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When a new company is just getting started or sales are down, the pressure is on for more advertising. But is that the best solution? Advertising is based on your long-term commitment to running expensive ads repeatedly before you can get any “traction.” But there is something else driving the sales gauge that is less measurable and more subtle.
Advertising is supposed to build brand awareness and communicate the promise, features, benefits, and distinguishing factors of your brand. And it can. But advertising cannot create the personal memory of a real, positive, and historical experience your customer has already had with your brand. Customers can recommend your brand to others only if they actually try it first. In other words, “The proof is in the pudding!”
This is why it is so important to keep track of everyone you meet who has tried your brand and to understand what their experience was with your brand. It is this experience that is worth way more than advertising. It is the reason why they will advocate or disparage your brand.
And their words, unlike most advertising, are targeted at the most impressionable and immediate potential buyers you could ever hope to reach: their friends, relatives, and colleagues. What they say about your brand will have more impact than any kind of a blast, advertising campaign, or publicity. In fact, without a positive customer experience, the efforts you make to get your name out there can actually work against you. Without a positive customer experience, those who have tried your brand will tell others this is the brand to avoid.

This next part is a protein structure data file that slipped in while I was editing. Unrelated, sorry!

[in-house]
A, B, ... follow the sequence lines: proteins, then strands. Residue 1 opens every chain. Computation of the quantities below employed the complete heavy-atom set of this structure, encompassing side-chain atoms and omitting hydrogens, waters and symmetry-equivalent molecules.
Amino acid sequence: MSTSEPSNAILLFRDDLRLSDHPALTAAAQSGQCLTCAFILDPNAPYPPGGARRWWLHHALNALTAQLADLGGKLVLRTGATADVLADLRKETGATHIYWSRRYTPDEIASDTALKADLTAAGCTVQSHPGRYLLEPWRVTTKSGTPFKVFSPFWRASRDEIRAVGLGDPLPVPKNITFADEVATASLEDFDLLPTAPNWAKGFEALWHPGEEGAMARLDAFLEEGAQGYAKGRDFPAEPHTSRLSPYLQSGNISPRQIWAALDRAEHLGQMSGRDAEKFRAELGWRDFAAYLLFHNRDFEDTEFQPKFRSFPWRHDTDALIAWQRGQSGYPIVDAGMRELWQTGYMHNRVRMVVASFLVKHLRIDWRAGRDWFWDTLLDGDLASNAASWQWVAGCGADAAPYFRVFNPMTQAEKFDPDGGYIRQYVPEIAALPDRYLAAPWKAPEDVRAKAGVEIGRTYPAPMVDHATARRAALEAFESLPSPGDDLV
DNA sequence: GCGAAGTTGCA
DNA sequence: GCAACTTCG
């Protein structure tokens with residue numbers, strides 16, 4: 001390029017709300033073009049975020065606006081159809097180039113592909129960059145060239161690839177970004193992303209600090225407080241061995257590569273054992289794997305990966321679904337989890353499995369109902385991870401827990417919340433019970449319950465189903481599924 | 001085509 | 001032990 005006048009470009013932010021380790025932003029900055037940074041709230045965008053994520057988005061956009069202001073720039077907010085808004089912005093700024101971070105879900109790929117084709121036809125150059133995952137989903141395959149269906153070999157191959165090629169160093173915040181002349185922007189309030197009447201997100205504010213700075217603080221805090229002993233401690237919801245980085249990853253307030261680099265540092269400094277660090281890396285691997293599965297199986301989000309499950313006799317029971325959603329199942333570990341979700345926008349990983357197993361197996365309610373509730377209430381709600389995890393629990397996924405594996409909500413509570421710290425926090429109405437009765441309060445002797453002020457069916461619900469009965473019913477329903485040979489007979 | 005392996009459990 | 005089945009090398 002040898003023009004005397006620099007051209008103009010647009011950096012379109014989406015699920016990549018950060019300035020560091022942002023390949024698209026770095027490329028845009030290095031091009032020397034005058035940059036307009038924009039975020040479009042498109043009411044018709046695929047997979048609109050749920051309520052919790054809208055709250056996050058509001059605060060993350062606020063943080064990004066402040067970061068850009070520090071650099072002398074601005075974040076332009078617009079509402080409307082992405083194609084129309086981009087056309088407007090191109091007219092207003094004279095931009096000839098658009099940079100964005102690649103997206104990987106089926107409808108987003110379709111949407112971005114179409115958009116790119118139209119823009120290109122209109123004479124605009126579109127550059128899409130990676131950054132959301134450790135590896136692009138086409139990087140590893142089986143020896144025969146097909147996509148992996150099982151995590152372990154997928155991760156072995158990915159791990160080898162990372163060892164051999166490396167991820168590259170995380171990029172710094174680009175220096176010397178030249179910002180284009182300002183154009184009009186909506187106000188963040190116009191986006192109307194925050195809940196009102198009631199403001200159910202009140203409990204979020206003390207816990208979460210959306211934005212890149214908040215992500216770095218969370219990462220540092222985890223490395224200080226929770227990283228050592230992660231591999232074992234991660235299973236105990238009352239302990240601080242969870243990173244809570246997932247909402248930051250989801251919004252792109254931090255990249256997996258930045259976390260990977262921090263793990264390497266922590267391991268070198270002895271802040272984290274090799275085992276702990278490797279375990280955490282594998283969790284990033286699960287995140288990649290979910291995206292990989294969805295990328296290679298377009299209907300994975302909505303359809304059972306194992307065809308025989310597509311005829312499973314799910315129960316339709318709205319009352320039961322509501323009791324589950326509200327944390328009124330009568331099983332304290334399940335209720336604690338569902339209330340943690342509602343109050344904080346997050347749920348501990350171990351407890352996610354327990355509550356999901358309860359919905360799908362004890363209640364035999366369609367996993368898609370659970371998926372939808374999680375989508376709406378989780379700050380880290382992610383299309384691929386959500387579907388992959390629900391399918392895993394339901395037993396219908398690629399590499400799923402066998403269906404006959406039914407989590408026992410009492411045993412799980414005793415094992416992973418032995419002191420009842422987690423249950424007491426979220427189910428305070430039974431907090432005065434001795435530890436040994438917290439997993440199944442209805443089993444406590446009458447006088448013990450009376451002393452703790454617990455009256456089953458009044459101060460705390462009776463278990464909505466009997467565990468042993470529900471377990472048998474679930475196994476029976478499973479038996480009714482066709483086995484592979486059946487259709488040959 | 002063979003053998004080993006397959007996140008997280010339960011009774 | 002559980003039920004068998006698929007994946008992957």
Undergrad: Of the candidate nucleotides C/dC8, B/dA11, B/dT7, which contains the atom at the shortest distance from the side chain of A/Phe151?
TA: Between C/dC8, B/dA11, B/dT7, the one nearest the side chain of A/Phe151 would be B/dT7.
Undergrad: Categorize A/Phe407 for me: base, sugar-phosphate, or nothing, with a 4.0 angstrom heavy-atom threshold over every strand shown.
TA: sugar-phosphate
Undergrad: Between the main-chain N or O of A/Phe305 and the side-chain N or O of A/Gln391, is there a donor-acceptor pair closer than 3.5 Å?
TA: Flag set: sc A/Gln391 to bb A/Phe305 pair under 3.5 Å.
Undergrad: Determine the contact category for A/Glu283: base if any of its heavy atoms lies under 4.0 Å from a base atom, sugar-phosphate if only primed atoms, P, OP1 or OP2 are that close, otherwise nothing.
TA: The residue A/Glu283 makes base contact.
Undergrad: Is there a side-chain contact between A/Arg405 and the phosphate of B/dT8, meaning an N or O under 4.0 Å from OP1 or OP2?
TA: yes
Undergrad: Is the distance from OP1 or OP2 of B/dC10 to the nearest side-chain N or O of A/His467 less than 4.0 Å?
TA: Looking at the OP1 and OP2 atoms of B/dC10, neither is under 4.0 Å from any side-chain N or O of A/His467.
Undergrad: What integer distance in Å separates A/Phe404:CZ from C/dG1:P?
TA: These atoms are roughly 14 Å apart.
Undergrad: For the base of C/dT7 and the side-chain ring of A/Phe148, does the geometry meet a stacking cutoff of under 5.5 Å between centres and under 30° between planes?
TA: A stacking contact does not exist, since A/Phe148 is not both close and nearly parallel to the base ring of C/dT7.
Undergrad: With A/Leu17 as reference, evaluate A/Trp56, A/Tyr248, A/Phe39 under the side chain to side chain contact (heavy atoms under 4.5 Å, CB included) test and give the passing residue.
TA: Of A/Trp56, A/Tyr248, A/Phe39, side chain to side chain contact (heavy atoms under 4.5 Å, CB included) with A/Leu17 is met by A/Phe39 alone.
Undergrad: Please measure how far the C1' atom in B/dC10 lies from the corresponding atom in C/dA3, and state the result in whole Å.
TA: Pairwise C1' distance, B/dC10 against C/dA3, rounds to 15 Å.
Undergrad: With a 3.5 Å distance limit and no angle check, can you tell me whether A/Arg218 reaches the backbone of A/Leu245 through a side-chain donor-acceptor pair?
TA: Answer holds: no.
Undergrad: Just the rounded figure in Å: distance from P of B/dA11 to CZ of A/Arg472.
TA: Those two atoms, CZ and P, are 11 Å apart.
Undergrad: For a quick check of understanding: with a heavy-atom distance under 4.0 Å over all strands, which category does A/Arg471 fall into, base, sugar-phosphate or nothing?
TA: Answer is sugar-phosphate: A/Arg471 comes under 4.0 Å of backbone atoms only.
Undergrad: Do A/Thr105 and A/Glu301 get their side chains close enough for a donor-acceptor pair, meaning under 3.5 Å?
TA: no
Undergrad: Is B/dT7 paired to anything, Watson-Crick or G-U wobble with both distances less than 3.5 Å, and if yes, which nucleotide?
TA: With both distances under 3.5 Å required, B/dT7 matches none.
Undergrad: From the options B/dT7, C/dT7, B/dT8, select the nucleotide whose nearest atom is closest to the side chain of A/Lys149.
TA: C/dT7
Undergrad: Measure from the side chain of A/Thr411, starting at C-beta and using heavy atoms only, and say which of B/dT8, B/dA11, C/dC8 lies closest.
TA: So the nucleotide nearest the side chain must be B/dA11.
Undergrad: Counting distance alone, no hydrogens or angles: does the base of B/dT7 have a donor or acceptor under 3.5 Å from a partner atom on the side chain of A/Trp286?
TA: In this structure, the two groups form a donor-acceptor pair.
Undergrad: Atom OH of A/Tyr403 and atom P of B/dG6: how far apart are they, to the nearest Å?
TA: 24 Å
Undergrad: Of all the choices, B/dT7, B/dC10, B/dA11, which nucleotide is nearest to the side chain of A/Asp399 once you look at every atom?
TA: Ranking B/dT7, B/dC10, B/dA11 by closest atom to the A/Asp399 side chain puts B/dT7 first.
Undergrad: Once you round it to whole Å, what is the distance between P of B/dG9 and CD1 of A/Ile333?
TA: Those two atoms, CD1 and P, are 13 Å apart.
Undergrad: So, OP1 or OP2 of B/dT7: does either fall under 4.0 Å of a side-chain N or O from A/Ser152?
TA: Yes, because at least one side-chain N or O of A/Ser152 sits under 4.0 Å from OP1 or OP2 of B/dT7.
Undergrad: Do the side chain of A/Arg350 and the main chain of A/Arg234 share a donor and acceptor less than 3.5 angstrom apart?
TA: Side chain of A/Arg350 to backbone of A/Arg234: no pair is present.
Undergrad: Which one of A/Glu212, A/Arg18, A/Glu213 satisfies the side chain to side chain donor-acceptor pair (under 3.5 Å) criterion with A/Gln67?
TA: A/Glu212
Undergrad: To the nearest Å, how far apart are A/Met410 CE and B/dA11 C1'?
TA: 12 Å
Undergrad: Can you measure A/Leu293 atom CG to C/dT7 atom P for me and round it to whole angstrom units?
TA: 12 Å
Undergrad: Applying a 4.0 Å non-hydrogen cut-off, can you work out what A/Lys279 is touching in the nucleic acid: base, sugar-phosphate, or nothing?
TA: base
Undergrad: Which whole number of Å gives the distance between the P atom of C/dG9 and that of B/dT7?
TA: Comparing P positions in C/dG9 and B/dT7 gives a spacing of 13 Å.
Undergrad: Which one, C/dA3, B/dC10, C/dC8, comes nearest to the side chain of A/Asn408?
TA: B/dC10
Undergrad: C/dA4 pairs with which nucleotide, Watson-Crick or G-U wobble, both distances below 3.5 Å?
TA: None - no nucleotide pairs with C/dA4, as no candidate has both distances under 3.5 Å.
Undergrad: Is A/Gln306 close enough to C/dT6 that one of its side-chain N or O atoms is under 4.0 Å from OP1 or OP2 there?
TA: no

But when your first-time and repeat customers have a positive experience with your brand, they become credible advocates with firsthand information. They will be seen as credible because they are already respected by their contacts.
Focusing on the customer experience and leveraging it is how we built the Barefoot Wine brand. The fact that we could not afford commercial advertising was a blessing in disguise. If we had been funded, we would have felt obligated, like so many startups, to enter a big number for advertising in our budget. That money would have been spent like a duck hunter with a shot gun, blasting at the sky, hoping to hit a duck!
Instead we had to rely on word of mouth, which required us to be diligent about providing an excellent customer experience. We clearly understood that the future of our sales depended on it.
We found out through real-time personal interviews with our customers that their number one complaint was that our brand was “hard to get” because it was out of stock. Immediately we slowed down our expansion and focused on managing the distribution system. We had to understand how to prevent out-of-stock situations before they occurred. We policed our distributers and retailers. That’s where our “advertising budget” was spent.
Expanding without first solving this customer service problem would work against us. This problem could not be overcome with more advertising.
Find out what your customers need from you in order to convert them into advocates. You may be surprised that it may have nothing to do with your brand but everything to do with how others in your distribution chain deliver that customer experience – or not.
When you think about the real reason why you advertise in the first place, isn’t it to get new customers and create loyal return customers? Well, think of advertising as the volume and customer experience as the music. Don’t turn up the volume on a bad song.